Archive for the ‘This is interesting … right?’ Category

The FBI, organized crime and more

January 6, 2008

frank-siantra.jpeg Frank Sinatra 


Picturing the scene of the coming funeral of Salvatore “Bill” Bonanno here in Tucson, Ariz., on Monday, I can’t help but imagine the possibilities.

Members of one of the most infamous crime families in American history will be sitting among friends at the service, huddled in the back or spread throughout the church. Law enforcement will be there, too, noting who appears. The suited individuals in the back row could be FBI agents, watching every step.

The FBI has a history of tracking citizens, notorious or not. Thanks to the Freedom of Information Act, which allows for the disclosure of government documents upon request, a collection of files on individuals the agency has monitored is available online and can be viewed at the agency’s Electronic Reading Room.

If you’re interested in gangster files, there are 10 sets of records, including documents on Al Capone and Bonnie and Clyde. But there are also files on other famous figures, including Albert Einstein, Lucille Ball, the Beatles, Martin Luther King Jr., Elvis Presley and Marilyn Monroe. (Of the 16,659 pages of files on King, only about 1 percent are available online.)

There are 2,403 pages on Frank Sinatra, who “socialized with organized crime figures,” the Web site says. Sixteen hundred pages explore what might have been behind 15 animal mutilations in New Mexico in the 1970s — UFOs? Satanic cults? “Pranksters”? There’s also a 131-page file on the baseball star Jackie Robinson, though according to the Web site, he was never the subject of an investigation; his name “came to the attention of the FBI as a result of his National Association for the Advancement of Colored People membership.”

The file on Tupac Shakur, who was killed Sept. 7, 1996, in a drive-by shooting in Las Vegas, includes several reports suggesting that he had been involved in an extortion scheme that ensnared the rapper Easy-E. It also has numerous newspaper, magazine and Web clippings documenting Shakur’s life, time in jail and death. (It is interesting to note the prominence of media reports in the federal police enforcement file, including an 18-page New Yorker article from 1997 about Shakur’s death.)

The files may not provide any conclusive insight into the lives or struggles of these figures, but they are nonetheless an interesting written history from a fascinating American institution.

— James Wagner

W. Eugene Smith’s photography

January 5, 2008


W. Eugene Smith’s photography

(Jose R. Lopez/NYT Institute) 

I’m sure if I called myself a frustrated photographer I wouldn’t be doing the art justice. I am by no means an expert photographer or photojournalist, but I deeply admire the art. Anyone can take a photograph, but only a few can make it truly good.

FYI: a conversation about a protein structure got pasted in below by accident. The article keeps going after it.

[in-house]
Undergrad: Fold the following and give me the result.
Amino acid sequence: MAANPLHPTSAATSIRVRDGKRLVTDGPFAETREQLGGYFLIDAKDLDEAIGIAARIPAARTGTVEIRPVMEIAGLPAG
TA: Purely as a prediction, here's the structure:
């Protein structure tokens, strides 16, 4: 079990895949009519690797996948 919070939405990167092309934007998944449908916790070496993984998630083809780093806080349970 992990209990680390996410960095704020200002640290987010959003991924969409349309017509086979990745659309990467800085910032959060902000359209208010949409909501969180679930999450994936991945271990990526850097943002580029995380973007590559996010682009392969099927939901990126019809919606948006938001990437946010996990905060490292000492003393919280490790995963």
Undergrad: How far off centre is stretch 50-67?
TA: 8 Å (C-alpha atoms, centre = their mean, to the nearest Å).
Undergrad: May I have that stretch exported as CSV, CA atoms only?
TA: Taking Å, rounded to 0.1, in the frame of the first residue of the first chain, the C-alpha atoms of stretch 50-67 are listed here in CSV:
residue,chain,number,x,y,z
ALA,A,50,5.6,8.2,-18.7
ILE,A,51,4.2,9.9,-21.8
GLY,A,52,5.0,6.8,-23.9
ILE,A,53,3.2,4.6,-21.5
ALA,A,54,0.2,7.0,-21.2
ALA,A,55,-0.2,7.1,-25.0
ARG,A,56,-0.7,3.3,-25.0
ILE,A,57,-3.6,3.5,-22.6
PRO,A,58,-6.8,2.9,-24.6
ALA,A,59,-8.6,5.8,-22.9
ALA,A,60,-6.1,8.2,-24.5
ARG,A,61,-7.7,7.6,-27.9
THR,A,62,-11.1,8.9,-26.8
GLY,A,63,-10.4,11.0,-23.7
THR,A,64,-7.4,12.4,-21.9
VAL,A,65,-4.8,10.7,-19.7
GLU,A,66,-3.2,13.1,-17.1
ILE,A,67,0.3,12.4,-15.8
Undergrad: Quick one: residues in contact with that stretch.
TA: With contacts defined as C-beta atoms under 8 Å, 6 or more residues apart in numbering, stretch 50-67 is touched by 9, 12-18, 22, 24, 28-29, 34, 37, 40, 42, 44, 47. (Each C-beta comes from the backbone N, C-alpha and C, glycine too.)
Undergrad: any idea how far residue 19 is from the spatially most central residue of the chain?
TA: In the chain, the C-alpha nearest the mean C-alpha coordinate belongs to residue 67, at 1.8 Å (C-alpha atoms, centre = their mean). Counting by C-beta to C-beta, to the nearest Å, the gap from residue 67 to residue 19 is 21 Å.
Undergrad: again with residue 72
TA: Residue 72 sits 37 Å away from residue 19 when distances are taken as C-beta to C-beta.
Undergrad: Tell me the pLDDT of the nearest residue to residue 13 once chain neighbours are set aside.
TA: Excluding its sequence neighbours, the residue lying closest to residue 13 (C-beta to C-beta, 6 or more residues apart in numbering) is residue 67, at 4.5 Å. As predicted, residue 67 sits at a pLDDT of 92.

On Friday, the students of The New York Times Student Journalism Institute were given a tour of the photographer W. Eugene Smith’s archive, most of it original prints, at the Center for Creative Photography at the University of Arizona.

The students stared intently at the photographs, often lingering for several minutes on a frame. My personal favorite: a photograph of the Battle of Iwo Jima. It shows soldiers crouched in the corner of the foreground behind a mound of mud. But in the distance, behind the barren trees and smoke-covered ground, an enormous dark cloud — an explosion — draws the viewer’s eye.

It is one of those photographs I never truly understood was real. I envisioned it as a fantasy, a barren land formed only from my experiences watching gritty war films like “Paths of Glory” (1957) or “All Quiet on the Western Front” (1930). But it was real, and the photograph made it so.

Smith draws the viewer directly into the photo and frames the fragility of the human body against the destruction of the explosion. This level of access, risk and realism encompasses true photojournalism.

And it makes me jealous.

— James Wagner

What’s in a name?

January 4, 2008

U.S. Propaganda Poster from 1940s 

Dozens of people in the United States have the last names “Hitler” and “Stalin” — 22 and 60, respectively, according to Do these people face interesting challenges day to day? Do they withhold their names when they introduce themselves? Were they born with the names, or did they actually choose them? (Adolf Hitler’s half-brother emigrated to the United States in the 20th century. Joseph Stalin’s daughter moved to the States, married an American and had a daughter.)

This is a story idea I’m working on that could provide an interesting look into the lives of these people. Do you have any interesting names: first or last, or even middle?

— James Wagner